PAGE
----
I had rather have given this man a handful of money, than have been kept thus long out of my study

Mr. Cotton would express his regret after the departure of a visitor—‘I had rather have given this man a handful of money, than have been kept thus long out of my study.’ … But here we should be, like the miser with his money—saving it with care, and spending it with caution. It is well to have a book for every spare hour, to improve what Boyle calls the ‘parenthesis or interludes of time: which, coming between more important engagements, are wont to be lost by most men for want of a value for them: and even by good men, for want of skill to preserve them. And since goldsmiths and refiners are wont all year long to save the very sweepings of their shops, because they may contain in them some filings or dust of those richer metals, gold and silver; I see not, why a Christian may not be as careful, not to lose the fragments and lesser intervals of a thing incomparably more precious than any metal—time…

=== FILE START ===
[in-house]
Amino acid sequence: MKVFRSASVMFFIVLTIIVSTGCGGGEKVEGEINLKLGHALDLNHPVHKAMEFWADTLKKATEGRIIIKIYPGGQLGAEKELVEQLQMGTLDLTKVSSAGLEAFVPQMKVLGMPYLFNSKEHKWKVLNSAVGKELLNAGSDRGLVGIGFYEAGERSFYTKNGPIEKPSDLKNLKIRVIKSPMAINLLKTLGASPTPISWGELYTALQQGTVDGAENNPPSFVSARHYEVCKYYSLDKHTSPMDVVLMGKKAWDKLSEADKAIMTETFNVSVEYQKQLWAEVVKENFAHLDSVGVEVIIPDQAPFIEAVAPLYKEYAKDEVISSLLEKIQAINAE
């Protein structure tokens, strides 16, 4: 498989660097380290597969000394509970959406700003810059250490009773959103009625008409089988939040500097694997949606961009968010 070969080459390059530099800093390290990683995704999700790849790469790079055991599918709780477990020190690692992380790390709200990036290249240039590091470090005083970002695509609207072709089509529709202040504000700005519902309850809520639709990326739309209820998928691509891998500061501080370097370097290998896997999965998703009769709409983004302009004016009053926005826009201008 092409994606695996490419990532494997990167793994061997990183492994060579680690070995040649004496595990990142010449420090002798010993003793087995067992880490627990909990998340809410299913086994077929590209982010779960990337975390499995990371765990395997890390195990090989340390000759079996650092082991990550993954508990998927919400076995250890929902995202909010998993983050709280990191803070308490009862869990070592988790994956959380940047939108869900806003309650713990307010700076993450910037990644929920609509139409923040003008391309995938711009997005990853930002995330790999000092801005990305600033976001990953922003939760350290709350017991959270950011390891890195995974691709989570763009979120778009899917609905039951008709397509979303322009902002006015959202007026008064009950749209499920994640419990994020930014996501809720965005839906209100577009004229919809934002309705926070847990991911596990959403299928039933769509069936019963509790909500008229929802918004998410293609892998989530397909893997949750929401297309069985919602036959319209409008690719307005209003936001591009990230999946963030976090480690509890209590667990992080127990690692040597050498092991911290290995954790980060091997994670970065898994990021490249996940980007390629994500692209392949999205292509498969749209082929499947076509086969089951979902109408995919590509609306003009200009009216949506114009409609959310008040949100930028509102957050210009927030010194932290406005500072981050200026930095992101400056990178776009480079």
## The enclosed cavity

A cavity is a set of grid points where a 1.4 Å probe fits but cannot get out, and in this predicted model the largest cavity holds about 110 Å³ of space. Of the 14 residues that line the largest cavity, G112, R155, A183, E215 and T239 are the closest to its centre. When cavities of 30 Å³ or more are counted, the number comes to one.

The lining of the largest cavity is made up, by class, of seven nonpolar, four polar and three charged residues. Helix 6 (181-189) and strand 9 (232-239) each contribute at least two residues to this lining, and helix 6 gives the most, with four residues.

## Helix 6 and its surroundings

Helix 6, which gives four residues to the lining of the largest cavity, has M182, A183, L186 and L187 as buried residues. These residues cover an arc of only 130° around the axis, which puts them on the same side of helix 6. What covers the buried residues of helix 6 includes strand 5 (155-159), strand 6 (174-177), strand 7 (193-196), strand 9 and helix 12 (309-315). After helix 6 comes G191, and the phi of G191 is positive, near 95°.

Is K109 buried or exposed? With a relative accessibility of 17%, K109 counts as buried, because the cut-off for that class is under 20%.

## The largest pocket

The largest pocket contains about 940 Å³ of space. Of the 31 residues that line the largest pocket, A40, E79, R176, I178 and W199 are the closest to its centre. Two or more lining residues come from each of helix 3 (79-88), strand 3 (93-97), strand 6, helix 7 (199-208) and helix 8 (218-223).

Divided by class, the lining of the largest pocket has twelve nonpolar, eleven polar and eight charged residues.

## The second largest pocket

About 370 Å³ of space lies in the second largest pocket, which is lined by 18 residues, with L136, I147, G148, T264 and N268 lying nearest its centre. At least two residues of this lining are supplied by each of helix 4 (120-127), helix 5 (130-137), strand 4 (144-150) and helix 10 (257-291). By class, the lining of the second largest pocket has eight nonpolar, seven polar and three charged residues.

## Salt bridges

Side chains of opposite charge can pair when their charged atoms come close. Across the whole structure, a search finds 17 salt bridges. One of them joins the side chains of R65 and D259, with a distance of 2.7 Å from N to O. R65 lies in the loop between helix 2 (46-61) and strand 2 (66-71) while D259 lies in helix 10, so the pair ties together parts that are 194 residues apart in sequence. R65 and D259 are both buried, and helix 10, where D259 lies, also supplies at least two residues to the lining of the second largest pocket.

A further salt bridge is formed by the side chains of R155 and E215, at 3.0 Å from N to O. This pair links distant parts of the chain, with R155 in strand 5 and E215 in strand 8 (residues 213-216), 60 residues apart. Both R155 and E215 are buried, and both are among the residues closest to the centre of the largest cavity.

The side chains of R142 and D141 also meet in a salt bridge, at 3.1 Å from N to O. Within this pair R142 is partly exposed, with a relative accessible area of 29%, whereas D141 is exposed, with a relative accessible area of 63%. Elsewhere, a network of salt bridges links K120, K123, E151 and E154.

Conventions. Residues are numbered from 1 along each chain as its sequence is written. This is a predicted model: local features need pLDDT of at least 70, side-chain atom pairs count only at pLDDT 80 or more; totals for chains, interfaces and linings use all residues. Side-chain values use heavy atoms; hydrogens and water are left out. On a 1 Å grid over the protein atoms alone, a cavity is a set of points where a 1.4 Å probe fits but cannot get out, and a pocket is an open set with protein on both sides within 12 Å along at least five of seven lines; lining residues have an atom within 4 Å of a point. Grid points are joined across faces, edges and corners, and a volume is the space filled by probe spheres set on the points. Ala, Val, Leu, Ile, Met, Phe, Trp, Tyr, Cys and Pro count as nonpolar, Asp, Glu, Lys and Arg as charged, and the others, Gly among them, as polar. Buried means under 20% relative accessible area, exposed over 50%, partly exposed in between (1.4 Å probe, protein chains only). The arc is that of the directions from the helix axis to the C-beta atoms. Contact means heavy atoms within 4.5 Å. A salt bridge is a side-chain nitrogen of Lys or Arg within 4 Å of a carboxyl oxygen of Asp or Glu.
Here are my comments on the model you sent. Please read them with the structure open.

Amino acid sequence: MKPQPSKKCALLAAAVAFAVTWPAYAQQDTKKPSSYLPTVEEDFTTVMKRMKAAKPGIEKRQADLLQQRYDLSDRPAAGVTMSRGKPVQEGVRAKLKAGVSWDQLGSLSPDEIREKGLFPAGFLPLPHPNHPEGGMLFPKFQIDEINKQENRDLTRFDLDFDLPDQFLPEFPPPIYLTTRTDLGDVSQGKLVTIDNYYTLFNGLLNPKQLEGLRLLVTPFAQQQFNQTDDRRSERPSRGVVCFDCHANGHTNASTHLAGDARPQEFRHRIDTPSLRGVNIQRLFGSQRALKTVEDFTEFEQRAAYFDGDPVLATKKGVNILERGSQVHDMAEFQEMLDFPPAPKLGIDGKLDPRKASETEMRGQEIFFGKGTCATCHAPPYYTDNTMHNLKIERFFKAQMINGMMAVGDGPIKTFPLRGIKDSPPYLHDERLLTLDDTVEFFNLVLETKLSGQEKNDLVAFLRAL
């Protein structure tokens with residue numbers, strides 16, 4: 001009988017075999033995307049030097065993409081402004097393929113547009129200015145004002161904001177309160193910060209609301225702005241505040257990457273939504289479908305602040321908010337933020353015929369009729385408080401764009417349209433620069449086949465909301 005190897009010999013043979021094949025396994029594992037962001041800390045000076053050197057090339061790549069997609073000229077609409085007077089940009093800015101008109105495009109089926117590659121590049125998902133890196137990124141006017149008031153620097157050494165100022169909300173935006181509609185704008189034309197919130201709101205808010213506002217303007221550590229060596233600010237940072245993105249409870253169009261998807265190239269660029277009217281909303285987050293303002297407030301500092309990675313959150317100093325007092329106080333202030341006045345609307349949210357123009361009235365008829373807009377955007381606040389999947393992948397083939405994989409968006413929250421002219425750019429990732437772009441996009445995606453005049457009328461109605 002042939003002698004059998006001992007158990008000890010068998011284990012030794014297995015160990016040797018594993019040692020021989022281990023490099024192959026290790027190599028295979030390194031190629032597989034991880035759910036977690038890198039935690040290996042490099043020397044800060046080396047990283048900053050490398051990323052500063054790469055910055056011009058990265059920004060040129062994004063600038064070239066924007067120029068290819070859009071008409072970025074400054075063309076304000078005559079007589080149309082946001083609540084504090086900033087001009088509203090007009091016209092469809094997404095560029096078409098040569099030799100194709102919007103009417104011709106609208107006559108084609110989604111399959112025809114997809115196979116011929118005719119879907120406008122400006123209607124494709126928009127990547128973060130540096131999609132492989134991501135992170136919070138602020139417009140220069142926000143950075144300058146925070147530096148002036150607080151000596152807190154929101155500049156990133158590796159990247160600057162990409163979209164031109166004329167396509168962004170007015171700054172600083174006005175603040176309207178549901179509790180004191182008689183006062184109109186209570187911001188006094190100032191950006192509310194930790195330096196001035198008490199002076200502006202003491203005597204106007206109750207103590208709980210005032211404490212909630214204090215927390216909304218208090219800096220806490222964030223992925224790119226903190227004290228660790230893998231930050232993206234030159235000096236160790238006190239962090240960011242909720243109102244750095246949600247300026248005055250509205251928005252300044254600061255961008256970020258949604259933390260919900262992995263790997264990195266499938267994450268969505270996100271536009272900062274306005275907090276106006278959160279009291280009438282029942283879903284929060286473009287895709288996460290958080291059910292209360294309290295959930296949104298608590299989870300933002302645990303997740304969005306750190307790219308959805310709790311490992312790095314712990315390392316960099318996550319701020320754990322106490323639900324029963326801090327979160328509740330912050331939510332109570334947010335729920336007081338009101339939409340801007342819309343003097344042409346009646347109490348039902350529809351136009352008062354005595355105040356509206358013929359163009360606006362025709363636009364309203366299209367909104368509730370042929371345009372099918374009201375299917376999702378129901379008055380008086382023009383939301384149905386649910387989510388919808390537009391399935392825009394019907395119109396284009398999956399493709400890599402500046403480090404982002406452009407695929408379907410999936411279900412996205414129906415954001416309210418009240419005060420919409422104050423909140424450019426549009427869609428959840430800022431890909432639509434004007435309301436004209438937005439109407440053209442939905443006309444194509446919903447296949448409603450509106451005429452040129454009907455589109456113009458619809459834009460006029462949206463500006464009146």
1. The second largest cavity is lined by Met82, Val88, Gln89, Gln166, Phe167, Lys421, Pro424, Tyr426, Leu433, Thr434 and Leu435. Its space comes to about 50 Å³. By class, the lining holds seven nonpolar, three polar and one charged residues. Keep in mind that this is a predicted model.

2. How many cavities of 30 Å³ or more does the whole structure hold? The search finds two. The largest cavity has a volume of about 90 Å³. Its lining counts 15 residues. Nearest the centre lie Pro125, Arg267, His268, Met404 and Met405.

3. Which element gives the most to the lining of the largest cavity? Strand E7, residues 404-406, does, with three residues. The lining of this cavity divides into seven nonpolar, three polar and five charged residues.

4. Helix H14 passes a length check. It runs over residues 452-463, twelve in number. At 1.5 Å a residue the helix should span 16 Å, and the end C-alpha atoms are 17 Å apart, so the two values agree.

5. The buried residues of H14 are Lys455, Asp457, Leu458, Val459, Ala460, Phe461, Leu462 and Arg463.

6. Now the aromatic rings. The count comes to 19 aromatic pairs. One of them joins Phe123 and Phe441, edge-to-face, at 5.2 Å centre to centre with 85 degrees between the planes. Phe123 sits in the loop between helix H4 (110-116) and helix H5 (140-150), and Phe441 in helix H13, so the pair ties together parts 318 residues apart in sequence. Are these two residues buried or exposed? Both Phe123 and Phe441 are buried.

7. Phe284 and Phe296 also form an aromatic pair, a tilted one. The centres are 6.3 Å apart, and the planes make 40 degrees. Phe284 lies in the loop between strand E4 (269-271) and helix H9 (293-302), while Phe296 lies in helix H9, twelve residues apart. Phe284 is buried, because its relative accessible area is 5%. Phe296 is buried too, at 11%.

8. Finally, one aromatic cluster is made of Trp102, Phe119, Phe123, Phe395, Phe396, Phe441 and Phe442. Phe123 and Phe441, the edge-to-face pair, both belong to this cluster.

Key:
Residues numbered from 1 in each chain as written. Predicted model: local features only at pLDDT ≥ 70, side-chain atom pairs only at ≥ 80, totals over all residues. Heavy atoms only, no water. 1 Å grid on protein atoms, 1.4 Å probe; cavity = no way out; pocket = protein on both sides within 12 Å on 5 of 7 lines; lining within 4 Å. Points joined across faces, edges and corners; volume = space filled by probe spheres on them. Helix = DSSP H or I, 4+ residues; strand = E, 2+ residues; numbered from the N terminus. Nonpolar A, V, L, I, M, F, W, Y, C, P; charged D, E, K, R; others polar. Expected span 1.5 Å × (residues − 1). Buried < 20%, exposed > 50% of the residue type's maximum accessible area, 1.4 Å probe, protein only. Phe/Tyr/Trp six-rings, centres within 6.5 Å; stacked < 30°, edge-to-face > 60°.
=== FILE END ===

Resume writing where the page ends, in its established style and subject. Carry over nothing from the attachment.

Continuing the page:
quoted in Charles Bridges, The Christian Ministry

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